Sunday, January 22, 2012

Academia? Action? Translation please, pt. 4

Part 4: Translation

So let's review the questions we asked at the beginning of this series.

- How do we understand the relationship between health and inequity?
- How do we go about building a more healthy and just future?
- Whose ethical responsibility is it to ensure global health?

And some of the core ideas from some answers:

political and economic forces have structured risk for most forms of extreme suffering
only with immediate action can long-term... challenges be contained 
an essential first step to redress global health inequities is to show the injustice of the present situation and make 'explicit the values on which the proposed action is based'
justice in health requires societies to provide individuals with the necessary conditions for achieving the highest possible threshold level of health so they can have flourishing lives
State governments, institutions and actors, along with non-governmental organisations, local communities, businesses, foundations, families and individuals must assume a prior and direct role and responsibility, through a framework of shared health governance, at the level of the nation-state

Have we really said nothing?

Let's try another approach.

What have these authors not said? They haven't said that the challenges are insurmountable. That they're too complex. Impossible to tackle. Something that's okay, or "just life" or "the way things are". Something we can worry about tomorrow. Something where individuals and local communities have no role.

I recognize my incredible privilege in having the opportunity to study abroad and see the ways our actions can affect communities far away from us. But I didn't have to get on a plane in order to vaguely, indirectly, but somehow, know, that my voting, consumer, and everyday behavior affects people on other continents. I also didn't have to get on a plane to know that my actions affect the people in my own community.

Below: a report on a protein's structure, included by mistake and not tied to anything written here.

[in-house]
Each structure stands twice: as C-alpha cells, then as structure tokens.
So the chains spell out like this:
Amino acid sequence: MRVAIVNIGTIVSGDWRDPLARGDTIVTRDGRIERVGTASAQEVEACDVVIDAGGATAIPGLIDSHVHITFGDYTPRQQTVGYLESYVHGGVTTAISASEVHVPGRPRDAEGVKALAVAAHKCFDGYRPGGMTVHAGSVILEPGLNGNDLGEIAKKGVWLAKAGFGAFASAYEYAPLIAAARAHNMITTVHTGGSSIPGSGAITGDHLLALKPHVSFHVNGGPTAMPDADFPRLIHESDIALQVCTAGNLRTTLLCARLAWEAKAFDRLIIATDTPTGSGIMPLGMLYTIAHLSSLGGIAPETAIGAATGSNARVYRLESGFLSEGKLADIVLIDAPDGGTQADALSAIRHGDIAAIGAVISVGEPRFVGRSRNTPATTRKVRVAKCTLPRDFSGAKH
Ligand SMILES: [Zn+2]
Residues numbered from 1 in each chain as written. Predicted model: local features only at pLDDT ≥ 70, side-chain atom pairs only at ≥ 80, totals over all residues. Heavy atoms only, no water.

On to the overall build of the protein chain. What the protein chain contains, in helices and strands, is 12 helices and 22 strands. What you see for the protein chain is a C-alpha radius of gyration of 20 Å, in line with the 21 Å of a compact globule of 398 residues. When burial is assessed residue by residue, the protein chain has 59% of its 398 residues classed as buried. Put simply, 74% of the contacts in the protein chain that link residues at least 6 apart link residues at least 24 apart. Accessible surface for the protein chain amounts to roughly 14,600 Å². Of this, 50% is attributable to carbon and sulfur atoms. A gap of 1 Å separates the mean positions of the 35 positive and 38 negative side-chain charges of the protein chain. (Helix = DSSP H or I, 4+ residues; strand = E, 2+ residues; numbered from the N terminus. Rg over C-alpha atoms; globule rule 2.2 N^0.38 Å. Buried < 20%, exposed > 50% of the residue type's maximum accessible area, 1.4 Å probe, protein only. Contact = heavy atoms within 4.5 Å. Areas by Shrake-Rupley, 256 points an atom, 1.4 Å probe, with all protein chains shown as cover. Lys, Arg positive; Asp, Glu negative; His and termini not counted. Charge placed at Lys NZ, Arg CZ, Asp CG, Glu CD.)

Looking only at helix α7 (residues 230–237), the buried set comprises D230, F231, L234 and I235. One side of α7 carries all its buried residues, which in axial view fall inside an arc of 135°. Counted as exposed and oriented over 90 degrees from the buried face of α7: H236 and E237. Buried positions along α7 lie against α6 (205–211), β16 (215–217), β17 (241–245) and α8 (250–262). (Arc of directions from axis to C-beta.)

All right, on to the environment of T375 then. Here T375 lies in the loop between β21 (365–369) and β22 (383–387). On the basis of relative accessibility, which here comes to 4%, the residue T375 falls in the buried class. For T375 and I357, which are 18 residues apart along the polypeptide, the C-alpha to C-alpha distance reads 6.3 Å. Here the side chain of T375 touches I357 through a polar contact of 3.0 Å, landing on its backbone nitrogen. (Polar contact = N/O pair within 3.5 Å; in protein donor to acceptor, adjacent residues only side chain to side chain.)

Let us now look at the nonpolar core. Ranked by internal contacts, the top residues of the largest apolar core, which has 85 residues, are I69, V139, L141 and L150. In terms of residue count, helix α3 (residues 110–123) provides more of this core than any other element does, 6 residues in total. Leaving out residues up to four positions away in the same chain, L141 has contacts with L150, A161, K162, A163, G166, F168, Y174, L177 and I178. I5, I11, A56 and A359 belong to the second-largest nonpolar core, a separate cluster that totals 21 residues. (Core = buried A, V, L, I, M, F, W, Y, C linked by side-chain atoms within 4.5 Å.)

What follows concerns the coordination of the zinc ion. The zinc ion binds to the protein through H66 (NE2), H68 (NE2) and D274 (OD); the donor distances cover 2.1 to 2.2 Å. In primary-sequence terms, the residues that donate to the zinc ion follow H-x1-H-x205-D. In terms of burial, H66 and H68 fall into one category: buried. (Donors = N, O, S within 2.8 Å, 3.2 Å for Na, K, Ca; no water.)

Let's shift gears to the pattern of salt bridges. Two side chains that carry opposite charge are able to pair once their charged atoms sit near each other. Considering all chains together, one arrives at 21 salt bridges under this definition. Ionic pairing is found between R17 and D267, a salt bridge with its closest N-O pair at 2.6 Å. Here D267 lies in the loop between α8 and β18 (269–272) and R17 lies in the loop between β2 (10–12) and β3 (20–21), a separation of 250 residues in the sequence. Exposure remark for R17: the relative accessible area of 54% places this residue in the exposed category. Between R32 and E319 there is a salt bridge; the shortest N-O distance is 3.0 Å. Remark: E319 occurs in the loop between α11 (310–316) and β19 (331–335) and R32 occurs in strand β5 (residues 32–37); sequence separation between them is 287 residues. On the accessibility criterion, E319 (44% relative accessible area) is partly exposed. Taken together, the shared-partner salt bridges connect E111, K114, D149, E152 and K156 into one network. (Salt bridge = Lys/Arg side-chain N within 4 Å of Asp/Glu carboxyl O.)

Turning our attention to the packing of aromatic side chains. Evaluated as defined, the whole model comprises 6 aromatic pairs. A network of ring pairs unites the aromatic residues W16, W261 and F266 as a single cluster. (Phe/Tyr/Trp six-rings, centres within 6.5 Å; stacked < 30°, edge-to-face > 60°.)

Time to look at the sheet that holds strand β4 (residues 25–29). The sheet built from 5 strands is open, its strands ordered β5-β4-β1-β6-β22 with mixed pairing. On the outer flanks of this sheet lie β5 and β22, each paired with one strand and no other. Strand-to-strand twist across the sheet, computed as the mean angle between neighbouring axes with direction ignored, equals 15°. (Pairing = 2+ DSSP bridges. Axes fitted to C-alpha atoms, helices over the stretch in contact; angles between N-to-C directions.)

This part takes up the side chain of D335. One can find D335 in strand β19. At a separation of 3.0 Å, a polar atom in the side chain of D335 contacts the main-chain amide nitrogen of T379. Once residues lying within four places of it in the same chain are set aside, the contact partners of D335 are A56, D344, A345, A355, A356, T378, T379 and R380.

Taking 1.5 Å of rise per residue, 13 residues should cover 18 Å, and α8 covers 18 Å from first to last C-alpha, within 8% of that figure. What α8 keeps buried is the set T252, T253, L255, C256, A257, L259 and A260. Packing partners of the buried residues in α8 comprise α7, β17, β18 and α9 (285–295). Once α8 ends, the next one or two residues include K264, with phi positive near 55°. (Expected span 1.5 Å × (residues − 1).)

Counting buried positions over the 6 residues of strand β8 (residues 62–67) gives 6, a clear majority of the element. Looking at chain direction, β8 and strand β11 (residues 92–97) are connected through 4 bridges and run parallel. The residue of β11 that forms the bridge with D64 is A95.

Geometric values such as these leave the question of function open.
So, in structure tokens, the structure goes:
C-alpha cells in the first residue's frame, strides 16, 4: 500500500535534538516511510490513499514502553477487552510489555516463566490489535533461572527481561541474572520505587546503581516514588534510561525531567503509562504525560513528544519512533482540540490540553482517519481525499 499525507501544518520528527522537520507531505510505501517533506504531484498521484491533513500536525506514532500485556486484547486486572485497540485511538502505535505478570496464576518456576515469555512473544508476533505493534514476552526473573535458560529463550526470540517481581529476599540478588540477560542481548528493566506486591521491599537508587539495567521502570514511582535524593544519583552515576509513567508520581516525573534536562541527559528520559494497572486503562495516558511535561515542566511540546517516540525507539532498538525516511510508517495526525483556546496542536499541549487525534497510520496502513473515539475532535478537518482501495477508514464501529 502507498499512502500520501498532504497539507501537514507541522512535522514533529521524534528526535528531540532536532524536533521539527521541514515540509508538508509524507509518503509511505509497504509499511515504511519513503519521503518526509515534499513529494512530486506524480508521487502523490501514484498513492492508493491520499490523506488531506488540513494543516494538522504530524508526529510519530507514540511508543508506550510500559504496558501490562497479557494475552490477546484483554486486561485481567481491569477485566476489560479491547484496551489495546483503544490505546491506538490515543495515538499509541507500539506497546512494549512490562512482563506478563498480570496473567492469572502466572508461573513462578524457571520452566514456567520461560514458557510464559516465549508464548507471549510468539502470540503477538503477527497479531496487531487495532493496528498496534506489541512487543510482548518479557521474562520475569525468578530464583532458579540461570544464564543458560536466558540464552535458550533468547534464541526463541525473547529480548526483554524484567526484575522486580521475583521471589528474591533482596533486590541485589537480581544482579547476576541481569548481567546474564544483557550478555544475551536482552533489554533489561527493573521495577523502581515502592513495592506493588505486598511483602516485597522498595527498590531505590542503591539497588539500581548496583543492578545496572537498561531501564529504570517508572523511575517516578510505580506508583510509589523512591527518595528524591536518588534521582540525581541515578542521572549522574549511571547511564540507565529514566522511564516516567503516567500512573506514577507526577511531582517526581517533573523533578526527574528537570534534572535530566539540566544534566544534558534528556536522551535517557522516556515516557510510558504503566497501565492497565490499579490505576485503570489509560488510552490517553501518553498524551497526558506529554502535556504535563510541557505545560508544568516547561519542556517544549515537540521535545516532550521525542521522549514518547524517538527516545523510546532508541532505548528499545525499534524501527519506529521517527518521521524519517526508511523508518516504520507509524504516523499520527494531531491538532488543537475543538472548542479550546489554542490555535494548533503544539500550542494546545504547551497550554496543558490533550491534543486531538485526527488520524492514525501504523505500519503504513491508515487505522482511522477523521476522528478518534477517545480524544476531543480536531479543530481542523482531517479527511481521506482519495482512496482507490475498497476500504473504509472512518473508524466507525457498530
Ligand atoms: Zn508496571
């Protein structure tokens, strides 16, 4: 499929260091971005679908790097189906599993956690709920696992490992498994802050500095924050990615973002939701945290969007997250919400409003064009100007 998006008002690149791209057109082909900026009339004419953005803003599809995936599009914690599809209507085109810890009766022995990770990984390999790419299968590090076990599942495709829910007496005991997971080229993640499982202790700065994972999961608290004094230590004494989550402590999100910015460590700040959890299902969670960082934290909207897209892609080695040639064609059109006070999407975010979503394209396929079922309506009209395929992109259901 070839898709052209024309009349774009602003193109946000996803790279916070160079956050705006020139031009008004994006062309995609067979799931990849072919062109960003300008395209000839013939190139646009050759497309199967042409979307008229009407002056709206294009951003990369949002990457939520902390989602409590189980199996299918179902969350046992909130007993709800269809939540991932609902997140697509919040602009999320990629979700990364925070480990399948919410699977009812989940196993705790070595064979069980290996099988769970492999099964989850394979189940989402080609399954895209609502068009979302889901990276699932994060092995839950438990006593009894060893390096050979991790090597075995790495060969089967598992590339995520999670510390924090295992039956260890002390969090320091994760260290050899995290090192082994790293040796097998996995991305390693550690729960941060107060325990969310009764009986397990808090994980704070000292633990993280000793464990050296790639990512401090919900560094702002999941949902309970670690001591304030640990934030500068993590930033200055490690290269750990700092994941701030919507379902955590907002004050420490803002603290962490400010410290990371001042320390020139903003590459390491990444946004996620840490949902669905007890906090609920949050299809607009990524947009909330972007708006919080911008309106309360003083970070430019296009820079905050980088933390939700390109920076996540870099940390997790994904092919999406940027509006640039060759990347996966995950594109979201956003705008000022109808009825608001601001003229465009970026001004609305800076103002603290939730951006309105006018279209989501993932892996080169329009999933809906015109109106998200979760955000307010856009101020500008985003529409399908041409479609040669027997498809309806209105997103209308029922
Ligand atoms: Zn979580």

Not only do I have the ability to affect the world, but it can happen now, and it can part of the movement for global health equity.

Not only do you have the ability to affect the world, but it can happen now, and it can be part of the movement for global health equity.

I trust that being part of the GlobeMed model to build a nationwide movement towards global health equity is a step in the right direction. I accept the things that are out of my control. But I also accept and celebrate my own agency. That sad day in the library may feel distant from the issues, but it's an exercise of intellect and an investment in that person's future credibility. Similarly, GlobeMed is investing in the future. GlobeMed is training future global health leaders, partnering with international and domestic organizations, and growing the movement for global health equity.

You're a part of all this too.
And if you're reading this as someone is not currently involved with the GlobeMed Brown University chapter, join us! E-mail You can also contribute to our partner organization, U-TENA, or follow us on facebook

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